As soon as this small yet wonderfully effective renovation was completed, I finally felt like I was at home. At last. This is indeed my very own home. Where I can relax, soak in a bath, and just be myself.

Art by Vincent Alexander Booth

No Further by Vincent Alexander Booth

During winter, the thought of a power outage or the furnace breaking is enough to send a chill down my spine (pun intended)! The daughter of a friend had this happen recently. Their furnace quit on, as Murphy’s Law would have it, a very cold Sunday night. Eventually they got through to those who could help and it was all okay, but it got me thinking.

I’ve decided to post some ideas I’ve gathered about ways to stay warm for a day or so in your home when the temps are plunging and the furnace isn’t running.

Maintain The Furnace

Let’s begin with a very old adage: an ounce of prevention is worth a pound of cure. Get the furnace checked! My friend’s daughter had recently moved into a rental and hadn’t thought about the furnace, or asking the landlord when it had last been inspected. These things happen. But even as renters I suggest all of us to call the local gas company for a free inspection. In most cities the gas company offers an annual visit to make sure the furnace is running fine. If needed they’ll clean the area around the pilot light and adjust it if needed. Hopefully we’ll get the all clear… and most of the time we will. But if something is wrong let’s find out and get it fixed.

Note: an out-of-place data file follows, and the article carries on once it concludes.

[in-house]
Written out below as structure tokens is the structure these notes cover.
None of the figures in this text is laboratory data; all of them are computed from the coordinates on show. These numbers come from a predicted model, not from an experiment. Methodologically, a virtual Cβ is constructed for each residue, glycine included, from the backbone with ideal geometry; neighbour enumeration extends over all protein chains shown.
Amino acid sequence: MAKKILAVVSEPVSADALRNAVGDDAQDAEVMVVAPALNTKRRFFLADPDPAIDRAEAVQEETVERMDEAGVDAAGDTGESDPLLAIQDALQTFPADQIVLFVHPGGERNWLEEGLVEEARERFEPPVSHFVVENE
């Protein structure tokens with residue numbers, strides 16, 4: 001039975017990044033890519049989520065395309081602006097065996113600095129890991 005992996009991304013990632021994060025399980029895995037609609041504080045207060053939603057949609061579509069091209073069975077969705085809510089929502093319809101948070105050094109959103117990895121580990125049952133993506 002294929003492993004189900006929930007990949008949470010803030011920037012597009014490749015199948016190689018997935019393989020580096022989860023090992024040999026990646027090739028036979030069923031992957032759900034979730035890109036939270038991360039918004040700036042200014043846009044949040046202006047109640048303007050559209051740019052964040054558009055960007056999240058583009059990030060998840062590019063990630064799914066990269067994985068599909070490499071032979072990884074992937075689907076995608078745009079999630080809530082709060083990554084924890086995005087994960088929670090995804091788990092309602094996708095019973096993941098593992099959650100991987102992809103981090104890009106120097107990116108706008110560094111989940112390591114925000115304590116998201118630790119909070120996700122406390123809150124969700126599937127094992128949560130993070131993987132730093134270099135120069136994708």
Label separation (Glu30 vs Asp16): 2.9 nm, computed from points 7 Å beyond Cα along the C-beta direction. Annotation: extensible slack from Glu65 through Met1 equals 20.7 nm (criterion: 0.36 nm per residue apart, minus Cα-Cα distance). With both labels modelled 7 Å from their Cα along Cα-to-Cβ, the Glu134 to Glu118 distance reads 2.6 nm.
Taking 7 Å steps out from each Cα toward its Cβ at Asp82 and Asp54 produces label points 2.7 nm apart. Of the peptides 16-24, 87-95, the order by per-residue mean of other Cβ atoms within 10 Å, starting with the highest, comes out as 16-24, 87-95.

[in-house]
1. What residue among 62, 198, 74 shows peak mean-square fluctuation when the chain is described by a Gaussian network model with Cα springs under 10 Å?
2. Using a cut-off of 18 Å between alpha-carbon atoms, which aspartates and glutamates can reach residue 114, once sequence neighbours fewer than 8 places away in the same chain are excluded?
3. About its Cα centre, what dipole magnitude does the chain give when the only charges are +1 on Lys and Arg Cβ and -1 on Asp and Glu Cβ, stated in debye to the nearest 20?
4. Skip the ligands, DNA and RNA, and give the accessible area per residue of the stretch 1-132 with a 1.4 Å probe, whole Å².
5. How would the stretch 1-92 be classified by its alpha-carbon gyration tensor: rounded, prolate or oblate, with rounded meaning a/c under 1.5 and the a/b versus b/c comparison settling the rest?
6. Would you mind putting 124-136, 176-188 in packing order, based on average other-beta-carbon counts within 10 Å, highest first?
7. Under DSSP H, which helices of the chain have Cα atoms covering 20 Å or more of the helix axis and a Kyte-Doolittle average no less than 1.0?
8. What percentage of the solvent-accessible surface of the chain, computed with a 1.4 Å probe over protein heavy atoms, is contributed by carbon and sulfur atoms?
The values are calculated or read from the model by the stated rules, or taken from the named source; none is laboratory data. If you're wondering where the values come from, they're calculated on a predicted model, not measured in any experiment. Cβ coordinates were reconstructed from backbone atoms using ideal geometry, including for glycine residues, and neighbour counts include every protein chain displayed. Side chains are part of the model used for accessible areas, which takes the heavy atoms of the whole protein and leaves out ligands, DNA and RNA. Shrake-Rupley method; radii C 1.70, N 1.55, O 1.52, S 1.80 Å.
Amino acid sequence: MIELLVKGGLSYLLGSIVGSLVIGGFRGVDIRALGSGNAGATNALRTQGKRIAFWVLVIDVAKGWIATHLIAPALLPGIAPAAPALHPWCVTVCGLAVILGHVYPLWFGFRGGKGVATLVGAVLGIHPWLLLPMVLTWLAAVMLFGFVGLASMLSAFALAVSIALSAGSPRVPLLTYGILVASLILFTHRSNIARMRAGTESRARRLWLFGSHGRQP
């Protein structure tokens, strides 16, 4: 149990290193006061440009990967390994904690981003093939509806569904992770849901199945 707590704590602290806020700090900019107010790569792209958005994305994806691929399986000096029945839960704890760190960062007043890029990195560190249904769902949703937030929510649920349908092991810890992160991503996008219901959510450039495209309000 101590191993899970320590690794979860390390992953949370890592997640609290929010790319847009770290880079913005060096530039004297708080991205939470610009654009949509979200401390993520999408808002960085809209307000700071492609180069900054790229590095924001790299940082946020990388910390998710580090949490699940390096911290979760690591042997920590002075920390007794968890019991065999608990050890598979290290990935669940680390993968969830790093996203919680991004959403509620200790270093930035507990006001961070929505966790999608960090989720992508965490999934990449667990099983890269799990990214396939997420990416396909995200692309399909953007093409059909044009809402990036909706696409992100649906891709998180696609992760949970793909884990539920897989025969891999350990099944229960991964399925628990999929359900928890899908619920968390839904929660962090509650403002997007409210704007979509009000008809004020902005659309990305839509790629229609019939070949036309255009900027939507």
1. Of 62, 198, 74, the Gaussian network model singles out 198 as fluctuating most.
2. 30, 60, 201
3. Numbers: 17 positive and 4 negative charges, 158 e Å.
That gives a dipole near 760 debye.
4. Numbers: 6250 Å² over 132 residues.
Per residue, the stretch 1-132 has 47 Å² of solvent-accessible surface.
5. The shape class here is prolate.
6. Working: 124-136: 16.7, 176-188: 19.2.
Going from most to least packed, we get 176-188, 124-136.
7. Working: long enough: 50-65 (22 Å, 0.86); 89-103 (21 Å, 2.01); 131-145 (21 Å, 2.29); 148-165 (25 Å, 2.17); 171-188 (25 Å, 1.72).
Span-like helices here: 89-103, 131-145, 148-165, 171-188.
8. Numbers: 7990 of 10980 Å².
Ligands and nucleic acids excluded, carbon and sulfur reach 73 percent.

Warm Clothing

Your clothing IS your first shelter. Pile on the layers. Think like you’re going skating, skiing, or winter hiking. Avoiding cotton, start with light layers and add long underwear, thick pants, wool socks and heavy sweaters. Complete the winter ensemble as if you’re really outdoors! Hat, scarf, gloves and boots (which have been wiped clean on the bottom). It might go without saying this is only needed if it’s really cold out, but where I live it does get really cold so this is how I prepare.

Gas Appliances

Of course if you’re one of the lucky ones with a wood burning stove or fireplace and wood to burn you’re set. But as more homes are built without these gems, more of us are being left, literally, in the cold. Some of us have gas fireplaces and gas stoves however, and we can use these appliances without power. Crack open a window.

“If you have a gas fireplace or stove with a standing pilot, it will light during a power outage since it doesn’t require electricity to activate the pilot flame… Many models are outfitted with systems which have battery backup that can be used to light the pilot during a power outage… If you have a wireless remote control, or a wall switch with a display, find the control box in the lower controls of the fireplace or behind the stove. There will be a switch that slides between ‘ON’, ‘OFF’ and ‘REMOTE’ – slide this to ‘ON’ for the appliance to operate with the power off. If you have questions, consult your owner’s manual or local dealer.” [source]